The analog DSM 101A may have a noise contribution of q1; the digital DSM 101B may have a noise contribution of q2. The magnitude of q2 may be larger than q1. The feedback loop itself may introduce additional noise q3, however, the noise q3, just like q1, may be smaller than the q2 noise. In one embodiment, the coupled DSM 100 is configured to reduce or remove the noise contribution q2 from the system. Alternative embodiments may additionally or alternatively minimize the noise contributions from q1 and q3, either independently or in conjunction with reducing the noise contribution q2.
In one implementation, the digital DSM 101B is configured to receive the multi-bit digital signal 107B and to output a single-bit digital signal 102B and the error information signal 120B. In an alternative implementation, the multi-bit digital signal 107A may use a separate line per each bit, e.g., it may use 5 lines for a 5-bit signal. In certain embodiments, a single line between components may represent more than one bit. For example, a single line may transfer 5-bits instead of 1-bit using any one of several multiplexing techniques known to a person of ordinary skill in the art.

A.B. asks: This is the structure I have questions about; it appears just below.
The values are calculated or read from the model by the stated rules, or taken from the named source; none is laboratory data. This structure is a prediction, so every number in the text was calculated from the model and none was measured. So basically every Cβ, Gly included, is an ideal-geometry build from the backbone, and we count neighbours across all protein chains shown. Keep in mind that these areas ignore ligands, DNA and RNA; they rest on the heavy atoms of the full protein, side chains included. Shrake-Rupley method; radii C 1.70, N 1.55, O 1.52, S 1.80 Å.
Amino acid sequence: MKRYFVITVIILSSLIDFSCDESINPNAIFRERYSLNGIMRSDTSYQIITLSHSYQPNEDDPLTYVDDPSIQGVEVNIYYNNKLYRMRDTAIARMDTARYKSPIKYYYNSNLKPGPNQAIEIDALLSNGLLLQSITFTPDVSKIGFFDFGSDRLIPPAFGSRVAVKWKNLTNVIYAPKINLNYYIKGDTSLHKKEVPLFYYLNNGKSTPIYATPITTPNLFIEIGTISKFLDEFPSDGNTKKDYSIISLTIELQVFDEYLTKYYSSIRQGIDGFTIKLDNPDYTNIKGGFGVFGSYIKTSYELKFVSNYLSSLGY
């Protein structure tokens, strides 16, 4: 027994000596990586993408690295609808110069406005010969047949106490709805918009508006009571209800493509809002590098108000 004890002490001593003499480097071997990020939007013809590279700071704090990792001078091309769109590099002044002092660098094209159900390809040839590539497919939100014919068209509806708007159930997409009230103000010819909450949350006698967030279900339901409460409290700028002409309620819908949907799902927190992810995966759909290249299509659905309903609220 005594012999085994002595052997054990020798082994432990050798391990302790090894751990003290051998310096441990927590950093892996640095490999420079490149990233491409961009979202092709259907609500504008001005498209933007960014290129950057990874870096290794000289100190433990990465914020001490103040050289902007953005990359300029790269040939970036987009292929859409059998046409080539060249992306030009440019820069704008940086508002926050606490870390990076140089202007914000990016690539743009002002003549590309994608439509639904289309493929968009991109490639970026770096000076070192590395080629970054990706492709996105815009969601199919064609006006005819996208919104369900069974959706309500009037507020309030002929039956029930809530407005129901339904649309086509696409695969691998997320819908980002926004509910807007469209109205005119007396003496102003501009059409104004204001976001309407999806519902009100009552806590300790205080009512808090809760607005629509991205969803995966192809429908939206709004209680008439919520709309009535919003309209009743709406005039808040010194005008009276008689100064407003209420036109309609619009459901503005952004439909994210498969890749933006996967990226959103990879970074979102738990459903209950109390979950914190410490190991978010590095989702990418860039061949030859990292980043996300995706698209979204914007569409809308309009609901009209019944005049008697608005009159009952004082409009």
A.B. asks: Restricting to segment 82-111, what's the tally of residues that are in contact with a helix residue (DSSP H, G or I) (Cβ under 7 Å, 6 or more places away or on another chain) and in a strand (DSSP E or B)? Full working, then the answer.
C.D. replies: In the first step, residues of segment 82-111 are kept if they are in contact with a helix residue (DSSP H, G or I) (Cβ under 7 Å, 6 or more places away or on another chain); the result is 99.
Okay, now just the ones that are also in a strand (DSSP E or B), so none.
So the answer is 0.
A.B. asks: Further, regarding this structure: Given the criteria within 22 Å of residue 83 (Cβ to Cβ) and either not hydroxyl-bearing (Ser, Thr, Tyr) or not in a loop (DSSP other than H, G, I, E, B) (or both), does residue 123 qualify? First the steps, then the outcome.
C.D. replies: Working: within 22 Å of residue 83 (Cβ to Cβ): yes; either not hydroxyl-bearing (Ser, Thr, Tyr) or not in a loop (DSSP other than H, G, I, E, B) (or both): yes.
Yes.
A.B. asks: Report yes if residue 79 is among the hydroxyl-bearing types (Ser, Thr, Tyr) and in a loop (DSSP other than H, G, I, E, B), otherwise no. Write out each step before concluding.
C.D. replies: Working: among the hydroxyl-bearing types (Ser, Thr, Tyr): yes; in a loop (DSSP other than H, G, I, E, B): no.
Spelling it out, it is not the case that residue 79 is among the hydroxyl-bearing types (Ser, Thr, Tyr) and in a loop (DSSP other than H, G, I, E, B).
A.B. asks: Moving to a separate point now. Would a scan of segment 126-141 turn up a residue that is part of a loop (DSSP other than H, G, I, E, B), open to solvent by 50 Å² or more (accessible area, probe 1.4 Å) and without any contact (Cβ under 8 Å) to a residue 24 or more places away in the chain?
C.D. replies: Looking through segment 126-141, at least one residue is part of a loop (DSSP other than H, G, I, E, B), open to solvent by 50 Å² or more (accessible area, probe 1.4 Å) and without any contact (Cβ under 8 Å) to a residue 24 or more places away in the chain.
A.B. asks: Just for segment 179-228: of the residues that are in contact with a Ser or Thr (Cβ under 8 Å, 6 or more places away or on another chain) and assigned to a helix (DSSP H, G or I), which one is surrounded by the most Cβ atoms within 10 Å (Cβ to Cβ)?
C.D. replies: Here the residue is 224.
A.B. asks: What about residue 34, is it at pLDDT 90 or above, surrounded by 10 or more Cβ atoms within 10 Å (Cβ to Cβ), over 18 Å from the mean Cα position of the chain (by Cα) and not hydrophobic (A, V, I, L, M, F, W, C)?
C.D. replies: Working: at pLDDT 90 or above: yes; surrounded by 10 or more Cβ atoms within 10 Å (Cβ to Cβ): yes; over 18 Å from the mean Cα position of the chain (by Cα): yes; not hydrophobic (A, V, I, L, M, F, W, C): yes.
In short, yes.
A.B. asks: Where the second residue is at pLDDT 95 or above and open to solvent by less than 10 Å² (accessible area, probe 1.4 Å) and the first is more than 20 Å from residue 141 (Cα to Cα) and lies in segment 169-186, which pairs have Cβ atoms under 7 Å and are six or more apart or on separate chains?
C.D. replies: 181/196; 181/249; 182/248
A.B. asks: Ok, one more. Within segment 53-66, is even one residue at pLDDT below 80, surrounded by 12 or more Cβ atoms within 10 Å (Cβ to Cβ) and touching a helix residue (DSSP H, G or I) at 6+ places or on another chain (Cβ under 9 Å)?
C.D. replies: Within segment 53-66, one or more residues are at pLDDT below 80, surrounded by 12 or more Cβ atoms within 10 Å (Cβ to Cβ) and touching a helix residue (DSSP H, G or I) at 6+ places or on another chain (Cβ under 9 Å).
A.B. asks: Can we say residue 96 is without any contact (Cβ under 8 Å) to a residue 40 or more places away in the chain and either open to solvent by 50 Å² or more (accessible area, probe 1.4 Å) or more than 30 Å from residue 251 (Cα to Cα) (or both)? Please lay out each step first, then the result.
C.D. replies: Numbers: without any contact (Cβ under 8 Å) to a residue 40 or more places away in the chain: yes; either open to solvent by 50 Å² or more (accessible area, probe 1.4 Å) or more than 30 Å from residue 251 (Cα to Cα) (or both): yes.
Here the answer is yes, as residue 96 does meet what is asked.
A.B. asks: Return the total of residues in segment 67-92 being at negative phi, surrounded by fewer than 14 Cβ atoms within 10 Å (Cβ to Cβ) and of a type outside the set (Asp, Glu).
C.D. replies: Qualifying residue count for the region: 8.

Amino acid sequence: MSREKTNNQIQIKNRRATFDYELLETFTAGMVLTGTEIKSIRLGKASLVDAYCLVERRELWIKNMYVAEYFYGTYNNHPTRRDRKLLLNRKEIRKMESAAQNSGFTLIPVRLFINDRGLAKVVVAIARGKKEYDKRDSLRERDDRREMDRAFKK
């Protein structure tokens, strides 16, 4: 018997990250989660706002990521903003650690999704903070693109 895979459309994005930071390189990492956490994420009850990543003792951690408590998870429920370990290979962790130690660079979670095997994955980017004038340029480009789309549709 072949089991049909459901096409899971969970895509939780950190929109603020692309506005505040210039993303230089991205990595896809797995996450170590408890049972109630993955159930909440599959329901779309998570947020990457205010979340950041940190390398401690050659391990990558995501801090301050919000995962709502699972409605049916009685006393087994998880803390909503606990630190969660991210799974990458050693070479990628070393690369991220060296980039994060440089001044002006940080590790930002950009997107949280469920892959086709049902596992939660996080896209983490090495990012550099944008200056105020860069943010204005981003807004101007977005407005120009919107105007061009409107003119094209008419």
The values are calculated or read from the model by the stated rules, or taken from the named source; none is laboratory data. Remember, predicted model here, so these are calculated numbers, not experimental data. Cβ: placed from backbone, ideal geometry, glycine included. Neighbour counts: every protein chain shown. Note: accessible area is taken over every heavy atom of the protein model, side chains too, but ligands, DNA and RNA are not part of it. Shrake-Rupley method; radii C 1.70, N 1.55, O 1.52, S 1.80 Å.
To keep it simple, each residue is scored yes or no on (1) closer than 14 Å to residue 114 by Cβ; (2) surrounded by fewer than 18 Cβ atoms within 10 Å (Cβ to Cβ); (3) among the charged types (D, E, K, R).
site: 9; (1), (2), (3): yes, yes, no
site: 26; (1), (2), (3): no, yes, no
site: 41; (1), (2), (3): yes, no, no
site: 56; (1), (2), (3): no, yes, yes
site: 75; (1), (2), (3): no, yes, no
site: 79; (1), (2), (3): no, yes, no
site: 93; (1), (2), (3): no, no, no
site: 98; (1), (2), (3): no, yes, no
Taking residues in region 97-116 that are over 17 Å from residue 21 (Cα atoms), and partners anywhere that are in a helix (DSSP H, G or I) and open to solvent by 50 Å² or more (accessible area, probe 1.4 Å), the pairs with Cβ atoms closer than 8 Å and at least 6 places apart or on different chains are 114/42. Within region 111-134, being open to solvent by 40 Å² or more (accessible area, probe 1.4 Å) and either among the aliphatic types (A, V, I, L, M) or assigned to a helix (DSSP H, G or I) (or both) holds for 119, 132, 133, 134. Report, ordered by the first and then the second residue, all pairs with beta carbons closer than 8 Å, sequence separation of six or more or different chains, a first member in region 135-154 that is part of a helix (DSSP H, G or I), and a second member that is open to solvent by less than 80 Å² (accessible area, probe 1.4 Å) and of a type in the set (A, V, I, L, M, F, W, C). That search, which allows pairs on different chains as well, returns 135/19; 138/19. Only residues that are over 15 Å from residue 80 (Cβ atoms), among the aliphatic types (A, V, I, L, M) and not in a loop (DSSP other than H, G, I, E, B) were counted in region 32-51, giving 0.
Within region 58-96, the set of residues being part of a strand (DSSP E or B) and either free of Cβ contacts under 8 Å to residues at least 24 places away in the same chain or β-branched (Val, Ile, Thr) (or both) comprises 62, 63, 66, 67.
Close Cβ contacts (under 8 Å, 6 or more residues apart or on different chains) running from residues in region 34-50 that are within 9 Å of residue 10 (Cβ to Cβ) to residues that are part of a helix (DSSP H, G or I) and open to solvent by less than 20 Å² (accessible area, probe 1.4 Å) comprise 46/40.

As further shown in
In general, the error information provided to the analog DSM 101A, via error information signal 120D, is used to adjust the signal output by the analog DSM 101A, i.e., the first digital signal 107A. In one implementation, the analog input signal 102A is provided to node 104B along path 116 and to node 104A where the analog input signal 102A is combined with a feedback analog signal 114B to create a combined analog signal 105A that is provided to an analog loop filter 106A. The analog loop filter 106A is configured to provide a filtered combined analog signal 105B. The analog loop filter 106A may be configured to be a low pass filter that has high in-band gain. The bypass analog input signal 116 is combined with the filtered combined analog signal 105B at node 104B to form a by-pass combined analog signal 105C. The analog error information signal 120E is combined with the by-pass combined analog signal 105C to provide the combined signal 105D to the analog-to-digital converter 111B. The digital signal 107A is provided by the analog-to-digital converter 111B which is used by the digital DSM 101B.
In another implementation illustrated by
In yet another alternative implementation illustrated by
As further shown in
As further show in